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Session Chairs: J.E. Sanchez, Jr., University of Michigan, Ann Arbor, MI 48109; C.V. Thompson, Dept. of Materials Science and Engineering, M.I.T., Cambridge MA 02139
8:30 am INVITED
GRAIN GROWTH IN POLYCRYSTALLINE THIN FILMS: C.V. Thompson, Dept. of Materials Science and Engineering, M.I.T., Cambridge MA 02139
Polycrystalline thin films are used in a wide variety of applications, especially in electronic and magnetic devices and systems. In these applications, the properties, performance and reliability of polycrystalline films are strongly affected by the average grain size, grain shapes, the way in which grain sizes are distributed and the distribution of grain orientations. These vary with deposition technique and with deposition conditions, and can also be modified through post-deposition processing. The factors which affect the structure and crystallographic texture of polycrystalline films will reviewed and categorized. Approaches for process development for application-specific optimized structures will be outlined.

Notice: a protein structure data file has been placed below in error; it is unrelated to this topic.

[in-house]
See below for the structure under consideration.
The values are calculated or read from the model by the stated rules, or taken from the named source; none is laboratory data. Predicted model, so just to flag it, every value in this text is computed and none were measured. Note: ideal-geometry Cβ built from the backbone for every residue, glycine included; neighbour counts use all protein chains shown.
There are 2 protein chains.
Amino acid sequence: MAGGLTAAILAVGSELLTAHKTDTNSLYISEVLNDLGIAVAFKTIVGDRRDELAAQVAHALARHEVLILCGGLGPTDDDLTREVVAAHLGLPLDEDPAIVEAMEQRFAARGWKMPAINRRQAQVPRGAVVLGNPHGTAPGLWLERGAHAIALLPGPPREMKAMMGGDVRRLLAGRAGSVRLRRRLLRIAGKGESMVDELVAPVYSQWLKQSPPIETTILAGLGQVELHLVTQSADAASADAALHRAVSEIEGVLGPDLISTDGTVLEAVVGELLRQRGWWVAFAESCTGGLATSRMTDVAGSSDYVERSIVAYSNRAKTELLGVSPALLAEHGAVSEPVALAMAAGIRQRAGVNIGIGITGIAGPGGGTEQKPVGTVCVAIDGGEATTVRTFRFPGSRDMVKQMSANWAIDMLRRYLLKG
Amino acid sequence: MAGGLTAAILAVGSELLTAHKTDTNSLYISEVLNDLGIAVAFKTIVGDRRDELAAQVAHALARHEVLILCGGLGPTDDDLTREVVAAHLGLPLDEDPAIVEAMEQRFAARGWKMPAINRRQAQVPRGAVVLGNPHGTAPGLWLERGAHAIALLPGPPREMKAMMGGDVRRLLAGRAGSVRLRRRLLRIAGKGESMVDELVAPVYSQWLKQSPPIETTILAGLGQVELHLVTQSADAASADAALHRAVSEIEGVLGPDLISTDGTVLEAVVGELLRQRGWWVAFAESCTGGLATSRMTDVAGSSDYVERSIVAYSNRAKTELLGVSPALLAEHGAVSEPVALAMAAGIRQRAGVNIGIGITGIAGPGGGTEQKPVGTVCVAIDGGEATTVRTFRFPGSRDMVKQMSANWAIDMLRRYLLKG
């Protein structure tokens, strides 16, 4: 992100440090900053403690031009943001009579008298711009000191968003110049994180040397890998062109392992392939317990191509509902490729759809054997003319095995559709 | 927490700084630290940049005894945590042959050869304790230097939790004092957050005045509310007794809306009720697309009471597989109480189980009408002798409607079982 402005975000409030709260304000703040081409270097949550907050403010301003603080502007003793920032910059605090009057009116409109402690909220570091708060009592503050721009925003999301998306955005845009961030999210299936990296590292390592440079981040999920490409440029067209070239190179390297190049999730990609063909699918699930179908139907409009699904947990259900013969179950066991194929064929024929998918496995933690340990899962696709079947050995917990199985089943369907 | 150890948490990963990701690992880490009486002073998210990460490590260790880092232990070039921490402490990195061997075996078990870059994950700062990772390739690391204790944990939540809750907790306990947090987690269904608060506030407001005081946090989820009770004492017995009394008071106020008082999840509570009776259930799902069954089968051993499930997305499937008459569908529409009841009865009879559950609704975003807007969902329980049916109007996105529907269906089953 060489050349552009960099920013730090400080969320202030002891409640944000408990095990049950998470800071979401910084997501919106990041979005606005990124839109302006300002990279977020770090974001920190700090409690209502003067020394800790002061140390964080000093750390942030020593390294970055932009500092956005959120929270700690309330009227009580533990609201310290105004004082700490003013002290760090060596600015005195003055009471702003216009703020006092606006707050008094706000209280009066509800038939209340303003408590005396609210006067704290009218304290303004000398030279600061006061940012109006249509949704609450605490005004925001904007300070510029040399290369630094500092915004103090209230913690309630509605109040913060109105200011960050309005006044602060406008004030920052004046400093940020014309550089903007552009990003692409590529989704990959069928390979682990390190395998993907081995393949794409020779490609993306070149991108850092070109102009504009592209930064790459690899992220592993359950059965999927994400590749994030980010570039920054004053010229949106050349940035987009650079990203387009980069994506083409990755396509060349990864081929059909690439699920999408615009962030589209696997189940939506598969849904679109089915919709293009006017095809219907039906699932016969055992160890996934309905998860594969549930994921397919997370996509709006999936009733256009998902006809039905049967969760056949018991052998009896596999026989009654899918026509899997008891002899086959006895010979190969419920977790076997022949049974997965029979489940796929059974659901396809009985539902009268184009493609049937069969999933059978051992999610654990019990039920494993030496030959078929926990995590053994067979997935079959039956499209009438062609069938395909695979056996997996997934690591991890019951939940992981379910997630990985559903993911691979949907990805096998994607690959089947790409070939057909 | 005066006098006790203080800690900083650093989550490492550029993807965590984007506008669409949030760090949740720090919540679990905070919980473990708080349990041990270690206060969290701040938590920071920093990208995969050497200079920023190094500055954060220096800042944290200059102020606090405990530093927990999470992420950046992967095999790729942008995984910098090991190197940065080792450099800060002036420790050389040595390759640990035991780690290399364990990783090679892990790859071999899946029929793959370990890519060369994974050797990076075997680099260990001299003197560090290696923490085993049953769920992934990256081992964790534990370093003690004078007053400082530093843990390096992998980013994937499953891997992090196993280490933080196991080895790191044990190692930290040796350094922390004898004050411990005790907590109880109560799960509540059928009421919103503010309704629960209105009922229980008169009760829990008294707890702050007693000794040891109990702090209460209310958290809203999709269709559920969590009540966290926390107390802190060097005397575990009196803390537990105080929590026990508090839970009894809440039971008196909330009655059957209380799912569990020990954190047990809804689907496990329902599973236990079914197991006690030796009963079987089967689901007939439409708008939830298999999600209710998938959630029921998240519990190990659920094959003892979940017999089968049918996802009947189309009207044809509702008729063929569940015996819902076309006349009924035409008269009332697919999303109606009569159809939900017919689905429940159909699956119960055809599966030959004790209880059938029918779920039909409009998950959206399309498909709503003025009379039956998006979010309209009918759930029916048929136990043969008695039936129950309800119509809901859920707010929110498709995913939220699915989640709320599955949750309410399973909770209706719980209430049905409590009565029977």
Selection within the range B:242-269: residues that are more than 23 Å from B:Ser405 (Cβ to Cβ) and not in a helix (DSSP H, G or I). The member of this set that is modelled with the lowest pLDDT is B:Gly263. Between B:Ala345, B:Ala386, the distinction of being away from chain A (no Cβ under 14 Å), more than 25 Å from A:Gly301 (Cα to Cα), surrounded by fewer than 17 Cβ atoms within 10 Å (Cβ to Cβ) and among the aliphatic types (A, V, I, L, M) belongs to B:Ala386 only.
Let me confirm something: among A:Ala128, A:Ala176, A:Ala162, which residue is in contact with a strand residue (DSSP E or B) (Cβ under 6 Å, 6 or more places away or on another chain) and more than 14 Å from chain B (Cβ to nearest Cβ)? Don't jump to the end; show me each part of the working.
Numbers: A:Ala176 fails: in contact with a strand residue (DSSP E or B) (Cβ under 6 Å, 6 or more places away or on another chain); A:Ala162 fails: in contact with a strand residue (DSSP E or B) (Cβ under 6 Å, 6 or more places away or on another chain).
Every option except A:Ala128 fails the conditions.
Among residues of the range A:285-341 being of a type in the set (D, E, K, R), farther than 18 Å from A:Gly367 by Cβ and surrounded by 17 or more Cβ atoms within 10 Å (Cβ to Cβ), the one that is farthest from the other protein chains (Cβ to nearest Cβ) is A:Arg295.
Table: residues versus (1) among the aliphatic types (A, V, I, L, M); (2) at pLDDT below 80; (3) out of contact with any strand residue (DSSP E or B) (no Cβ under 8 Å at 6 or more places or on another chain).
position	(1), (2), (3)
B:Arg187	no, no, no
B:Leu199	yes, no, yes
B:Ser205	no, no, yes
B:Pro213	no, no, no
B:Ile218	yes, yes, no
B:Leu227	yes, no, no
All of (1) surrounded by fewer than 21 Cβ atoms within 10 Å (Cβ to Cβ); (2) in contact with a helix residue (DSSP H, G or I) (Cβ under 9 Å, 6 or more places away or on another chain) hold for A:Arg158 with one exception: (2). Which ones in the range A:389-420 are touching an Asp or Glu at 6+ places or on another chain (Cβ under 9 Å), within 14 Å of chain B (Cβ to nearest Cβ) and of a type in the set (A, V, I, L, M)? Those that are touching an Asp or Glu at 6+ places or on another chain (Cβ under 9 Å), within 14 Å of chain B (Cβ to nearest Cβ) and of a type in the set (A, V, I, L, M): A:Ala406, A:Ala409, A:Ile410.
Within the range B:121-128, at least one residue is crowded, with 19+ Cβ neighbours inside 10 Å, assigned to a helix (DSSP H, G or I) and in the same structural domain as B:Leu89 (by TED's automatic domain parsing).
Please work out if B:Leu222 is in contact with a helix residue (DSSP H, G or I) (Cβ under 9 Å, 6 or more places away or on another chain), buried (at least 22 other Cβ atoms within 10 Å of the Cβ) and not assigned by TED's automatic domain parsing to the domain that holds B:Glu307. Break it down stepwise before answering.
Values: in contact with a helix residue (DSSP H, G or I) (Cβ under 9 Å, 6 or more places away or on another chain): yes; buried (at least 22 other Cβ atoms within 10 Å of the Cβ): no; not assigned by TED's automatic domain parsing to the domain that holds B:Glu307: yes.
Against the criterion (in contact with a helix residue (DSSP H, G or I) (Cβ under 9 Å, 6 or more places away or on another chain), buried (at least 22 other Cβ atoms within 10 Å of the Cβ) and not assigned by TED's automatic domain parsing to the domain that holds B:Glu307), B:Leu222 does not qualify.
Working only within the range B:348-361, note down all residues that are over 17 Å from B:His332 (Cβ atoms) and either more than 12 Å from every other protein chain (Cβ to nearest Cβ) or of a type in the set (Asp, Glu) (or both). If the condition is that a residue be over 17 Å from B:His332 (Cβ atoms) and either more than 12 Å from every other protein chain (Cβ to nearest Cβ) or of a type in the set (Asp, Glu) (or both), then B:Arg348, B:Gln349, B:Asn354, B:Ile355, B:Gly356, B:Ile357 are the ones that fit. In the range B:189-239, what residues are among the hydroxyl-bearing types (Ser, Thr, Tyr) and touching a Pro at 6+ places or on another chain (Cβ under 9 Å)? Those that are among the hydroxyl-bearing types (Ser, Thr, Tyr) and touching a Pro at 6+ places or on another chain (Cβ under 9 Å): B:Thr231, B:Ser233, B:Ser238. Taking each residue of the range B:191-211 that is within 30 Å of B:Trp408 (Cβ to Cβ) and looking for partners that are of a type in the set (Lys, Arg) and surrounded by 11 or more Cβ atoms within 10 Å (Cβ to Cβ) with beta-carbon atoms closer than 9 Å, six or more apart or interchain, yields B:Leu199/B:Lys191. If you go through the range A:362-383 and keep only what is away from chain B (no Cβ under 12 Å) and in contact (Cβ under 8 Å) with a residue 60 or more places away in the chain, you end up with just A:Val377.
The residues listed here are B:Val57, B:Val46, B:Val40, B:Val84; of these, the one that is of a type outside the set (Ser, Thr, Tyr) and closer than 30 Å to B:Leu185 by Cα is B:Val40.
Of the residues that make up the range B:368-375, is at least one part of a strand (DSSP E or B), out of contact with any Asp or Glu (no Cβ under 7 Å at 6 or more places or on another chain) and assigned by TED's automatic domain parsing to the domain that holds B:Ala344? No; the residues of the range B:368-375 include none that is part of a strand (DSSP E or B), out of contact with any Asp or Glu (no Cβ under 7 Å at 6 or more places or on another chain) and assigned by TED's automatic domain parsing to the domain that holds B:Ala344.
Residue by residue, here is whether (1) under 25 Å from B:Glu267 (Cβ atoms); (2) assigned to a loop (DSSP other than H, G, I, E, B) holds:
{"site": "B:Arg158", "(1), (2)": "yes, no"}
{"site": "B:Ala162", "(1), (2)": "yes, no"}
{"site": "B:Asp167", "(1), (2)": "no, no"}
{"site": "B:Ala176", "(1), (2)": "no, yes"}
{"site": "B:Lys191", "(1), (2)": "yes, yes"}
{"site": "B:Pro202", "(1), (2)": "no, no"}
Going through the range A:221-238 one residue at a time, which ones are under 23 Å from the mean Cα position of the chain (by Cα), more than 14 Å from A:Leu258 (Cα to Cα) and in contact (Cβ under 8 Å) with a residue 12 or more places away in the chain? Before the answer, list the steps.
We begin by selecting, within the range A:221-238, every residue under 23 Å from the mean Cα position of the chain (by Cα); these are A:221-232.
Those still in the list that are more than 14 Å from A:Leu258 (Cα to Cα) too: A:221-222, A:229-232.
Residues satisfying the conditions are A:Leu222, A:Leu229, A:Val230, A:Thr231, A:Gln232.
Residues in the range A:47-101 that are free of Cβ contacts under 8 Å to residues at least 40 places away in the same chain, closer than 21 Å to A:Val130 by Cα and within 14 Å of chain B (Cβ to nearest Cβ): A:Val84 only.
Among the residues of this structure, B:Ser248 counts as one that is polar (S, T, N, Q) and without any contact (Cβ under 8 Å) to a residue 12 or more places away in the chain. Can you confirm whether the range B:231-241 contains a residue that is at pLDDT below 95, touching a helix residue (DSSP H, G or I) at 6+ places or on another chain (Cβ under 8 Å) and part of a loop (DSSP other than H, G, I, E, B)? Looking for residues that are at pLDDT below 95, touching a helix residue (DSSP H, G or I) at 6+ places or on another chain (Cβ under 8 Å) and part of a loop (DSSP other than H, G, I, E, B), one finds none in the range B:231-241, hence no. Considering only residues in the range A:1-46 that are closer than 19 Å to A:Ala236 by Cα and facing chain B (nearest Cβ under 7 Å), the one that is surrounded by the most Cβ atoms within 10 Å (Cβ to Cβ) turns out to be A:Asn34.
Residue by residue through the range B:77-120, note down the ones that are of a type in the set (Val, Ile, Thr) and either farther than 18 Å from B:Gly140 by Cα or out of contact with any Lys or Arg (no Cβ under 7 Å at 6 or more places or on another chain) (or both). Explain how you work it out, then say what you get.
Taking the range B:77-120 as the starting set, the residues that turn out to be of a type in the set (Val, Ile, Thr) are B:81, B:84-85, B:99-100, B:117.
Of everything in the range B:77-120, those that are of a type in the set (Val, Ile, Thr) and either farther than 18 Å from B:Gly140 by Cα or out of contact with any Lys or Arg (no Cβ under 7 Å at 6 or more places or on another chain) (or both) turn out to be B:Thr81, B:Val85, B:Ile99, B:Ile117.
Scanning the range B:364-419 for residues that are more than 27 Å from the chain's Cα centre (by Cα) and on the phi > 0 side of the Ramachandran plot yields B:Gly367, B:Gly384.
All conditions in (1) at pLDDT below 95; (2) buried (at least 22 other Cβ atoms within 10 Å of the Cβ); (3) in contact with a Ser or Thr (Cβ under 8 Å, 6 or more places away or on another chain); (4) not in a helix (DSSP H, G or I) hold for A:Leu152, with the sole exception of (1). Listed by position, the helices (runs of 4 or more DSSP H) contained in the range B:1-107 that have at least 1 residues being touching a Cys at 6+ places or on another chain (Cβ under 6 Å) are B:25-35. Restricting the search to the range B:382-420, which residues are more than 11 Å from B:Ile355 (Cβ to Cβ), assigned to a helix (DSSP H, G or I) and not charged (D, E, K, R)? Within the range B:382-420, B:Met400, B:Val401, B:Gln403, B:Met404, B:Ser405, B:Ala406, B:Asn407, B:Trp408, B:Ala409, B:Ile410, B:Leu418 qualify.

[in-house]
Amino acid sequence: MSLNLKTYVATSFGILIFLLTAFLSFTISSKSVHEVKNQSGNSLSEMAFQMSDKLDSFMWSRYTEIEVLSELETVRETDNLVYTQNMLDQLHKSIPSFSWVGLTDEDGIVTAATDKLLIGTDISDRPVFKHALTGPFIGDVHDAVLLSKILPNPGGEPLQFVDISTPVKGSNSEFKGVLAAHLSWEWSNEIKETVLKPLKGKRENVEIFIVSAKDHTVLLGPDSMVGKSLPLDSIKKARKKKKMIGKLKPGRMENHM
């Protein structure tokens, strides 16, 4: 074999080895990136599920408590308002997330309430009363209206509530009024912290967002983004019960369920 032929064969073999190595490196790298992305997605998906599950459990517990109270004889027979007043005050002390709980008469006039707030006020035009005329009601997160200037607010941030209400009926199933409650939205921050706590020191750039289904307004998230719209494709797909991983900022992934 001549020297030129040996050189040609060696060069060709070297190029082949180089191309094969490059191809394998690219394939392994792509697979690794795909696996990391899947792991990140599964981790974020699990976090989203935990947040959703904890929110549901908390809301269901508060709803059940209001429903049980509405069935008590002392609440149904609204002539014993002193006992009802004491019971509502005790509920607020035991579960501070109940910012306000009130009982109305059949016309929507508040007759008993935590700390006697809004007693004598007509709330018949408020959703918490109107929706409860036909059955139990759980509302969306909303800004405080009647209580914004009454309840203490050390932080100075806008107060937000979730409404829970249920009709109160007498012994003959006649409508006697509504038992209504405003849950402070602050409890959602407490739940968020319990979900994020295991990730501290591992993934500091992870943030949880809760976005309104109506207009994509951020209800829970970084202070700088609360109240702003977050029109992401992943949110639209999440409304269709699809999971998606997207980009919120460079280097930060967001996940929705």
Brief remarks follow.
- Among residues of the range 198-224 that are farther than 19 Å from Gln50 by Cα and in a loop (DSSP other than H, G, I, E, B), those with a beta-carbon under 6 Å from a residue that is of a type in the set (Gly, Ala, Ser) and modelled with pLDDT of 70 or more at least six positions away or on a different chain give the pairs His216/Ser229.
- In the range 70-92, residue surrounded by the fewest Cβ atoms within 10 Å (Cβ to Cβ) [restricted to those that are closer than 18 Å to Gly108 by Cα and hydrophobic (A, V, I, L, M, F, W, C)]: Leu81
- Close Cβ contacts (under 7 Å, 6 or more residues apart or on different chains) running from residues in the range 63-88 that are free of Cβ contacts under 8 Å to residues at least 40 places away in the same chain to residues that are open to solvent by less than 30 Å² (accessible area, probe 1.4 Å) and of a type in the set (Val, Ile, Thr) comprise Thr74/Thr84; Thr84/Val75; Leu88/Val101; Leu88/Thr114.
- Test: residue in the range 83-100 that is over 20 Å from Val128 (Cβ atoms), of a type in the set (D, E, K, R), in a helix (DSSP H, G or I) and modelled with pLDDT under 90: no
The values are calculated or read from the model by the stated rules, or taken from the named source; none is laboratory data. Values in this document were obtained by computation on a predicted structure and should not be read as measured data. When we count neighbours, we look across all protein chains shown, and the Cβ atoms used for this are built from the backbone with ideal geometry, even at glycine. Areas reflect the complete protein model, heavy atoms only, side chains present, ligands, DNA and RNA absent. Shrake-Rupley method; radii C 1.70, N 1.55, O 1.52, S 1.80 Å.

NEW MICROSTRUCTURAL CHARACTERISTICS OF POLYCRYSTALLINE GOLD THIN FILMS: Alexander H. King, Varun Singh, Department of Materials Science & Engineering, State University of New York at Stony Brook, Stony Brook, NY 11794-2275